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BW Businessworld

Wired Up For Growth

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The quadrupling of the country’s mobile phone subscriber base between FY09 and FY12 has led to Delhi-based Shilpi Cable Technologies (SCT), promoted by Mukesh Gupta, seeing a sharp uptick in revenues. The growth in the demand for telecom cables has spurred this growth. The company went from under Rs 1 crore in revenues in 2007-08 (when it started operations) to over Rs 460 crore in 2011-12. Its profit after tax in 2011-12 was Rs 18.62 crore.

SCT manufactures radio frequency (RF) telecom cables — co-axial cables used for carrying audio-video signals —at its plant at Chopaki, Rajasthan.

But, the spike in SCT’s numbers was not solely on account of organic growth. In FY12, its revenues doubled after its subsidiary, Shilpi Cabletronics, was merged into it. BW’s calls and emails to chairman-cum-managing director Mukesh Gupta and wholetime director Manish Goel went unanswered.

After the merger, SCT got into manufacturing automobile cables and accessories from another plant at Bhiwadi, Rajasthan. But the demand for RF cables continues to be strong as mobile telephony covers new ground in rural India.
—Anup Jayaram

On A Learning Curve
A company that works towards improving the grades of academically weak students has seen its own grades soar; it has seen a 50 per cent jump in net profits year on year. MT Educare has witnessed a four-year average sales growth of 394 per cent since 2008.

So what worked for it? “First, we have acquired dominant players in some geographies such as Lakshya Forum for Competitions (an IIT coaching institute) and, second, we have tied up with many schools and colleges,” says Chhaya Shastri, director, MT Educare. The tie-ups for infrastructure has brought down costs. “While earlier we would spend up to Rs 30 lakh on a new coaching centre, now it is just a fraction of that sum,” says Shastri.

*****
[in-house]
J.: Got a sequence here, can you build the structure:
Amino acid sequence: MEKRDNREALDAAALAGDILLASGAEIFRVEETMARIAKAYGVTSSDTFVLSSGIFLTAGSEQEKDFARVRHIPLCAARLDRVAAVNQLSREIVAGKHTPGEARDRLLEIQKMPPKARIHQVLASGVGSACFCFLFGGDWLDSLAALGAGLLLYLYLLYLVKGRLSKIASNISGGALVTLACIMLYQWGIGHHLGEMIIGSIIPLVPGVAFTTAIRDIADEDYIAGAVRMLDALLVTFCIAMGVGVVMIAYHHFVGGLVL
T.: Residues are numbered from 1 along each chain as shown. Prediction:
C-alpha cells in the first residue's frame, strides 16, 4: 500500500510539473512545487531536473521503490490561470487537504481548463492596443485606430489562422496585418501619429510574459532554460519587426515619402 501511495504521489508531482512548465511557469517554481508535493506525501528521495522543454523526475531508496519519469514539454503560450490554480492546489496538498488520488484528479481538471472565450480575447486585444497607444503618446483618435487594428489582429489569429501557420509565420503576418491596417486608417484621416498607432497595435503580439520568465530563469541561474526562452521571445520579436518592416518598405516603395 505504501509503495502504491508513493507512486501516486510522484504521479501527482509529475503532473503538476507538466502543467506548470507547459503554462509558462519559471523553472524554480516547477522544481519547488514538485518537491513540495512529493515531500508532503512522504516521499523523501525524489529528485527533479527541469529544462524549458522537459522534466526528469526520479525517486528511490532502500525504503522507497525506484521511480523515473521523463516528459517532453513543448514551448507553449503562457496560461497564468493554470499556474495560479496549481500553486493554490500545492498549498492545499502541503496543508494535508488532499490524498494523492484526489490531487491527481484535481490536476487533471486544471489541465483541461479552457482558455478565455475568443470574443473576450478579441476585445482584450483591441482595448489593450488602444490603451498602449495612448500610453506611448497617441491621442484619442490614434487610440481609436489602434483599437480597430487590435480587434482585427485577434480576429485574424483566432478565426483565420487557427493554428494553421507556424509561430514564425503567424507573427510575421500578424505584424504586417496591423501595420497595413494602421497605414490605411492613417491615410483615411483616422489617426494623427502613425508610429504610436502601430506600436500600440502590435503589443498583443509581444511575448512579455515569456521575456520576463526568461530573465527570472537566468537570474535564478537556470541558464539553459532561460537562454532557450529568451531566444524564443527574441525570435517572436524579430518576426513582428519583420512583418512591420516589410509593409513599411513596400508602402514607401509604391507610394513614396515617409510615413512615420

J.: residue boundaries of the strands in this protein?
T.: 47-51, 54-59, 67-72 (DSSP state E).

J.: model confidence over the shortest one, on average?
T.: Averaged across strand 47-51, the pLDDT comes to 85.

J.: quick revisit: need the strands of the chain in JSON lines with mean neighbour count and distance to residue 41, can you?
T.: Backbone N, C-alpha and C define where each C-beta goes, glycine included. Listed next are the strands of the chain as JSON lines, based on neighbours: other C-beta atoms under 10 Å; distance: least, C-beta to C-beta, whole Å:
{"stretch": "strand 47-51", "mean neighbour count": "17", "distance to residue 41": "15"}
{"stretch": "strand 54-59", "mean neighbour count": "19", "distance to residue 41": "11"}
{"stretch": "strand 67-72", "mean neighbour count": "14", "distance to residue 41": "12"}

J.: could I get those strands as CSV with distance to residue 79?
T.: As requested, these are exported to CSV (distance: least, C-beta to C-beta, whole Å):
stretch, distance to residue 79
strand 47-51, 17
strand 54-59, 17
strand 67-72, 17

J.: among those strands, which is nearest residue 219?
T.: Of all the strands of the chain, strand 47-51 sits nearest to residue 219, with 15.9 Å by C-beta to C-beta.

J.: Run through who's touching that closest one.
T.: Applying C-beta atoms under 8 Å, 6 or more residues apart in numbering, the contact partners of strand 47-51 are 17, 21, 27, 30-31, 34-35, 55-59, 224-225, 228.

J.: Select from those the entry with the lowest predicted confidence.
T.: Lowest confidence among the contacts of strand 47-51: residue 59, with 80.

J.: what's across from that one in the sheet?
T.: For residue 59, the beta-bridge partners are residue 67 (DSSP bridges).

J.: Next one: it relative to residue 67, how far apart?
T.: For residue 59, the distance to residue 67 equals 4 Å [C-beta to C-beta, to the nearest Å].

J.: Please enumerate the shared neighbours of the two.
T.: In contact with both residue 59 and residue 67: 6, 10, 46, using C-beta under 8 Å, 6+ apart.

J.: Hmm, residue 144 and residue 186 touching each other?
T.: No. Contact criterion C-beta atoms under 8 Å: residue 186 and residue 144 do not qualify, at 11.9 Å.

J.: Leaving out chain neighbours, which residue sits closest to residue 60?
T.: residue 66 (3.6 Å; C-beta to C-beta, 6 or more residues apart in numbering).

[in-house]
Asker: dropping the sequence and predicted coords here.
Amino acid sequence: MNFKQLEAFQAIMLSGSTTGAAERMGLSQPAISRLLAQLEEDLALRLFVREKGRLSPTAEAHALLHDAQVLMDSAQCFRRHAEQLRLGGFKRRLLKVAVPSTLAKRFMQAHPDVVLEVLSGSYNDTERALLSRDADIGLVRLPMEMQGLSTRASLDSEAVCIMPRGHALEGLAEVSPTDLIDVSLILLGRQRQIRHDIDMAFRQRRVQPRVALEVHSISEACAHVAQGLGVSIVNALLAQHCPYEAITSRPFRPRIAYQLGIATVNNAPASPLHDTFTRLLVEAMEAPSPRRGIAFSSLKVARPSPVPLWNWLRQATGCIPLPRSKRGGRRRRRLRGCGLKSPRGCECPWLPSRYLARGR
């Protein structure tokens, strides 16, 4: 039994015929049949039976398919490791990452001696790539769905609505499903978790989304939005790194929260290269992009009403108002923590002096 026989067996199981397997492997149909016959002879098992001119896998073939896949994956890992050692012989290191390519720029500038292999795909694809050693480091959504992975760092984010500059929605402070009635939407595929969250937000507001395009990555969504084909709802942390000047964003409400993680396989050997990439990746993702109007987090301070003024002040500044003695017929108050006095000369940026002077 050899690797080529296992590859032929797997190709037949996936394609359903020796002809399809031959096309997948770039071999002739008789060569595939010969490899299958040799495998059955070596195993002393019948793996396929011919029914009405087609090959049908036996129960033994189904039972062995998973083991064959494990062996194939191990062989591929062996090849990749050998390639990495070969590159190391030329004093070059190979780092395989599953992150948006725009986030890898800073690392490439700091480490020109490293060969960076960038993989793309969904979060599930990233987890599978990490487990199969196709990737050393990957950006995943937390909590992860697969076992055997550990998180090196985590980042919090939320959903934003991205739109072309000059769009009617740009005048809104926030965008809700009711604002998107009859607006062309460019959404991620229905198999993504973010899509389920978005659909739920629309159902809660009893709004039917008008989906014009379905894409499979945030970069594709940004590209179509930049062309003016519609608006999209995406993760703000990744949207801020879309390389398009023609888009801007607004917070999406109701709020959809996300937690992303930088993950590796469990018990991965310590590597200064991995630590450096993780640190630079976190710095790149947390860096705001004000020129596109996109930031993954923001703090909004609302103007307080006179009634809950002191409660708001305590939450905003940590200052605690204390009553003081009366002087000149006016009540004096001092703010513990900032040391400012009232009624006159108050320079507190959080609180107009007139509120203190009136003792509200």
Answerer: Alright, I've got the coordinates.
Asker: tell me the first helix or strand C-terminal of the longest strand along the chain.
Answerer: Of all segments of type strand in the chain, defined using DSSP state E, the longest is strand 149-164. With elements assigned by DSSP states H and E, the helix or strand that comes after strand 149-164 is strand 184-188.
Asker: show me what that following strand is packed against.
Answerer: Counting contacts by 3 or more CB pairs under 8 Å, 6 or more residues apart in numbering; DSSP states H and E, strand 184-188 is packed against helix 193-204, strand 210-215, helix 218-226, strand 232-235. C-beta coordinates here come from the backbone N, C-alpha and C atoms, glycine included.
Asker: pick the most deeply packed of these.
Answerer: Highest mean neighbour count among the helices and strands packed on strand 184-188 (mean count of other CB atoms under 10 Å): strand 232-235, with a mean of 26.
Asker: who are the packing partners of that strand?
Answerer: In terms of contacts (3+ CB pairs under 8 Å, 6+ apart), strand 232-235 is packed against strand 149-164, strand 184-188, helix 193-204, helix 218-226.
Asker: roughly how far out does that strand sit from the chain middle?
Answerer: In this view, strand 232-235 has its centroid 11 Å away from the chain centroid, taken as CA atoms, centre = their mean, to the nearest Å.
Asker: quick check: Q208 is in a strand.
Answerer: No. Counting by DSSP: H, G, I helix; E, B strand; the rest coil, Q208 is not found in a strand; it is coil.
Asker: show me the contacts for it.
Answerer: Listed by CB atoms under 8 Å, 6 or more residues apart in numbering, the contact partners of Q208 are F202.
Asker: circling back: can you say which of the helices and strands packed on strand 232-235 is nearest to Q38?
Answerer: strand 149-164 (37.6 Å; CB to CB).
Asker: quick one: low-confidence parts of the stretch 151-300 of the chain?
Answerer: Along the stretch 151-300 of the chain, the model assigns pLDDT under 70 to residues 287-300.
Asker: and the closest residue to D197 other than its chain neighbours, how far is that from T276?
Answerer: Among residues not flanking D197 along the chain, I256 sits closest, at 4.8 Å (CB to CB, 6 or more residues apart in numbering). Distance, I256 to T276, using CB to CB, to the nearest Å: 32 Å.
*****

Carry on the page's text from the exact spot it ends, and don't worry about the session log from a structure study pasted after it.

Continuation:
The company changed the way its coaching classes were held. “In the last four years, we have put in place processes, invested in technology and multimedia classrooms. We have implemented SAP, so that all admissions are reflected real-time at the back-end,” says Mahesh Shetty, chairman, MT Educare. 

The innovations found reflection in the returns made by Helix, a PE firm, on its investment in MT Educare. The PE firm which invested $8 million in 2007, made 2.5 times that when it sold most of its stake in the IPO floated by the company in 2012.
— Sachin Dave

A Panacea For All Ailments

seven-year-old drug company Aanjaneya Lifecare is seen as a miniature Ranbaxy or Cipla — with an integrated model, right from bulk drugs to finished formulations. Its revenues were a mere Rs 90 crore, with a Rs 5 crore profit after tax (PAT), in 2008-09. This has grown to Rs 479 crore, with a PAT of Rs 41 crore, by 2011-12, way over the industry average of 15-16 per cent a year.

Kannan Vishwanath, vice-chairman and managing director, says, “In the category of small to medium companies, Aanjaneya’s advantage is that we have established our presence in the entire value chain — from bulk drugs to finished formulations — and that integrated model gives us a competitive edge.”

Another factor behind its growth was the acquisition of Pune-based Phyla Biologicals for about Rs 50 crore in 2010. Phyla, which is now fully integrated with Aanjaneya, specialises in cough and cold preparations and herbal products, with over 250 finished formulations.

Currently, 40 per cent of Aanjaneya’s sales are of bulk drugs. Anti-malarial drugs are its major revenue source, contributing 35 per cent. Of the total revenues, 20 per cent are from exports. In 2011, the company went public and raised Rs 100 crore. Anjaneya earns 30 per cent of its revenues through contract manufacturing. 

Next up: entering the US and European markets. Besides, Aanjaneya is planning an acquisition in central Europe.
— P.B. Jayakumar

(This story was published in BW | Businessworld Issue Dated 20-05-2013)